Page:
In an article published on September 24, 2015 by the news provider SF Gate, journalist Steve Rubenstein reports on a new study that found synthetic clothing fibers and plastic debris in fish intended for human consumption. The study was published in the peer-reviewed journal Scientific Reports and conducted by researchers Chelsea M. Rochman and colleagues from the University of California, Davis, U.S., and the University of Hasanuddin, Indonesia. The researchers bought locally-caught fish from markets in California, U.S., and Makassar, Indonesia, and dissected their guts in the laboratory. Anthropogenic debris was found in 25% of the U.S. fish and in 28% of the Indonesian fish. All of the debris found in Indonesian fish was plastic, whereas the debris found in U.S. fish was mainly synthetic textile fibers. The researchers suggest that the “variations in debris types likely reflect different sources and waste management strategies between countries.” Plastic debris in Indonesian fish is likely to originate from plastic items, such as plastic bottles, discarded unprocessed into rivers and the ocean. Synthetic textile fibers detected in U.S. fish are expected to be discharged from washing machines and to remain in wastewater effluent. As the debris was found in the fishes’ intestines, the researchers emphasize that humans are likely to ingest the debris only if the fish is eaten whole. Migration of chemicals from the debris into tissue was not investigated in this study.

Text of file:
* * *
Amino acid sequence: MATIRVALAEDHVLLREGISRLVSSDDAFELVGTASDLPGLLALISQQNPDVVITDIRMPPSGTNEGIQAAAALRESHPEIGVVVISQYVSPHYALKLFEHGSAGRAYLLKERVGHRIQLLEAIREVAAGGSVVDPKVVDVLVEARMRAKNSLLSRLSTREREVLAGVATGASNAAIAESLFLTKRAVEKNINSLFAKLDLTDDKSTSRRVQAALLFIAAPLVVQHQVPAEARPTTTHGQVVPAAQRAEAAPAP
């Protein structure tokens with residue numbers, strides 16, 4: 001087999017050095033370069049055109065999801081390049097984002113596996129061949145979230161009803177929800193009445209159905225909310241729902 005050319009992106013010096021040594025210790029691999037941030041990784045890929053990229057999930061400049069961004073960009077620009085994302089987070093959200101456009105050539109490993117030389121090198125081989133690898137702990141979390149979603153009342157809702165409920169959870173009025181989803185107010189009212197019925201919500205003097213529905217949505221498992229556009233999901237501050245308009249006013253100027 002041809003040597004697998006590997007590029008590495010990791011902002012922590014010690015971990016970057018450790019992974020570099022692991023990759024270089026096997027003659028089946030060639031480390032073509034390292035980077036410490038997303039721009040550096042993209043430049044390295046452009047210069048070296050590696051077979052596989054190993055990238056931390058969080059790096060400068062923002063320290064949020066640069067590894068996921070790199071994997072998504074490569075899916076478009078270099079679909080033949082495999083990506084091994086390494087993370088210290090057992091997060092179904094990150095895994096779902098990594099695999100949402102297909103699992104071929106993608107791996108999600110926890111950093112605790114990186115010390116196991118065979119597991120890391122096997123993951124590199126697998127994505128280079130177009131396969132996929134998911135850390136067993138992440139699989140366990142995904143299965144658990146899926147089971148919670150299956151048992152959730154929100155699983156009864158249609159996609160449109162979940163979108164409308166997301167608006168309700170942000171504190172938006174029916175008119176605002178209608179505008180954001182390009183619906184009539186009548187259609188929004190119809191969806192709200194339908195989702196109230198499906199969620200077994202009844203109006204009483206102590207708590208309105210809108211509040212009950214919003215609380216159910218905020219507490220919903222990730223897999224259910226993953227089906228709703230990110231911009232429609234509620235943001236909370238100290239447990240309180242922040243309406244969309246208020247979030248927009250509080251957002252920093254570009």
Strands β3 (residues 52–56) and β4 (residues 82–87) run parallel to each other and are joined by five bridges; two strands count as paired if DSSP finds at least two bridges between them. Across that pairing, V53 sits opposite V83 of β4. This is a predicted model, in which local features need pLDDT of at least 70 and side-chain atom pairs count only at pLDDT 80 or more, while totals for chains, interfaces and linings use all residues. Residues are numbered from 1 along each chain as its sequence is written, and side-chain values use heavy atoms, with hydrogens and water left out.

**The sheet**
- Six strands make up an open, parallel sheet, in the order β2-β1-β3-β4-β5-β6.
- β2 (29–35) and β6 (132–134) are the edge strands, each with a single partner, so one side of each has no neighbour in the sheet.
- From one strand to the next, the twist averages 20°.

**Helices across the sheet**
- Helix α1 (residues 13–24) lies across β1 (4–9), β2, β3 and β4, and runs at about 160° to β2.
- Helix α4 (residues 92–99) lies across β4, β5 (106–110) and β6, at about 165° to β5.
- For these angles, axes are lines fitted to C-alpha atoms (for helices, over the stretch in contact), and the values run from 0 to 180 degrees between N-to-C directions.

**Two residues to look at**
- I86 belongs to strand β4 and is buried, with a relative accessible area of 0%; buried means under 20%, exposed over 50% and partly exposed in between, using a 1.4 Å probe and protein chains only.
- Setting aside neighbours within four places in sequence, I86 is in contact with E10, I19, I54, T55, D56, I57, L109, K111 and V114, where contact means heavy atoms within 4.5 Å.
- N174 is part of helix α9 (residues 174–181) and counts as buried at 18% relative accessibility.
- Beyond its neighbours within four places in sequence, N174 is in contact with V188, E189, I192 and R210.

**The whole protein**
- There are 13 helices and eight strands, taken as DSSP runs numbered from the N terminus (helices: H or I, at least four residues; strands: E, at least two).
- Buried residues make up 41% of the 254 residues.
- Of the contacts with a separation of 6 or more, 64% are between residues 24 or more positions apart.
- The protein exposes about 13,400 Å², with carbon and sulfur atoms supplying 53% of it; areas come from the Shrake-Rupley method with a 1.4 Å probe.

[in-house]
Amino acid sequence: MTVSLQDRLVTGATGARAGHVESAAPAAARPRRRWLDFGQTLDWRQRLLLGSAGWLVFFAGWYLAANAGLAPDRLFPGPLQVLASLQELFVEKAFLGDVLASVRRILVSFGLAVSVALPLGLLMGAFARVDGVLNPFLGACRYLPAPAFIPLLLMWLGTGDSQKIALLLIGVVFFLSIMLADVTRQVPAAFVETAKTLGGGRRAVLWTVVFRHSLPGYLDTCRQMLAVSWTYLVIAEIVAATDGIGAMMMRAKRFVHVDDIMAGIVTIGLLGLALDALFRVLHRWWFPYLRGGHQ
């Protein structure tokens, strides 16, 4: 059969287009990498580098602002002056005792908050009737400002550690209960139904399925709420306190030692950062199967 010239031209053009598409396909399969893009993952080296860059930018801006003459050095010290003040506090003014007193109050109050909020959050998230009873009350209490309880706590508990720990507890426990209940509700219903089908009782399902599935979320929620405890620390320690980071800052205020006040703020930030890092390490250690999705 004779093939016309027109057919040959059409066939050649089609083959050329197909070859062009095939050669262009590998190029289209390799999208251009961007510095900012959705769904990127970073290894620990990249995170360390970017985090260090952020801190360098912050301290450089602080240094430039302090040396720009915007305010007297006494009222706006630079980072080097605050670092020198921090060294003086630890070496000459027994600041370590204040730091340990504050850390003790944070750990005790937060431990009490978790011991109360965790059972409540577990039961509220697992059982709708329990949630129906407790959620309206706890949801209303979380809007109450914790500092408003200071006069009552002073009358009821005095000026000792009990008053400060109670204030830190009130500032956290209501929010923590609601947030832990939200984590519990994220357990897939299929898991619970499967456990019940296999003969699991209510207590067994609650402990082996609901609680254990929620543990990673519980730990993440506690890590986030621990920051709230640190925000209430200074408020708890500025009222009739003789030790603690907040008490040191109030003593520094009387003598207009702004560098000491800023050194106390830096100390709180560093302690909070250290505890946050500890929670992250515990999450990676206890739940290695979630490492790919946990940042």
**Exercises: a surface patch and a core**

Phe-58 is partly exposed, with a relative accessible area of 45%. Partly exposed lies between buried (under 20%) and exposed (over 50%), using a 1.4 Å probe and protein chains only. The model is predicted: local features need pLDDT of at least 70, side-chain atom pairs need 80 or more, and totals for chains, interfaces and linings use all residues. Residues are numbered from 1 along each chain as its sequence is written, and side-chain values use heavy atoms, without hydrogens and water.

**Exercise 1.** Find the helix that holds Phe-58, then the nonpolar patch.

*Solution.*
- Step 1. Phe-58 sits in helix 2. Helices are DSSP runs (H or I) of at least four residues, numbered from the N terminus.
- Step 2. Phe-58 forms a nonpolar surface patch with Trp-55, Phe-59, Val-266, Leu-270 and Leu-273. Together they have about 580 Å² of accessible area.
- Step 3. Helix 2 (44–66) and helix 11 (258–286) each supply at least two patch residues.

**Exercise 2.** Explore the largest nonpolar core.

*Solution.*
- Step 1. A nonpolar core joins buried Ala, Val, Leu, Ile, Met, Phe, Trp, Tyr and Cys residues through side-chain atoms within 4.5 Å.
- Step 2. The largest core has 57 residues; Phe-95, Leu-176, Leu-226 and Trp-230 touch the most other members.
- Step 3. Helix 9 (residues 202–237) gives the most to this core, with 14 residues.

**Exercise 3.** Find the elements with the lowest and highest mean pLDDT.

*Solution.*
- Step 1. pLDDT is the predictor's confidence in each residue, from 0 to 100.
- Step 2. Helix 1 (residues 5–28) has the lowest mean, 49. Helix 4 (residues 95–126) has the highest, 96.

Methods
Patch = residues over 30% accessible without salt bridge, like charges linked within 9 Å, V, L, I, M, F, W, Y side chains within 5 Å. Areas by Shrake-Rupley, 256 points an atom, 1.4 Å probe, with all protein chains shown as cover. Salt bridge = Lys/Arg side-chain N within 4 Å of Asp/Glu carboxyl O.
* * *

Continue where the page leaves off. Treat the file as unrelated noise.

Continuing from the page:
Steve Rubenstein (September 24, 2015). “Hey waiter, this fish tastes like plastic!” SF Gate
UC Davis (September 24, 2015). “Plastic for dinner: A quarter of fish sold at markets contain man-made debris.”
Rochman, C.M. et al. (2015). “Anthropogenic debris in seafood: Plastic debris and fibers from textiles in fish and bivalves sold for human consumption.” Scientific Reports 5:14340.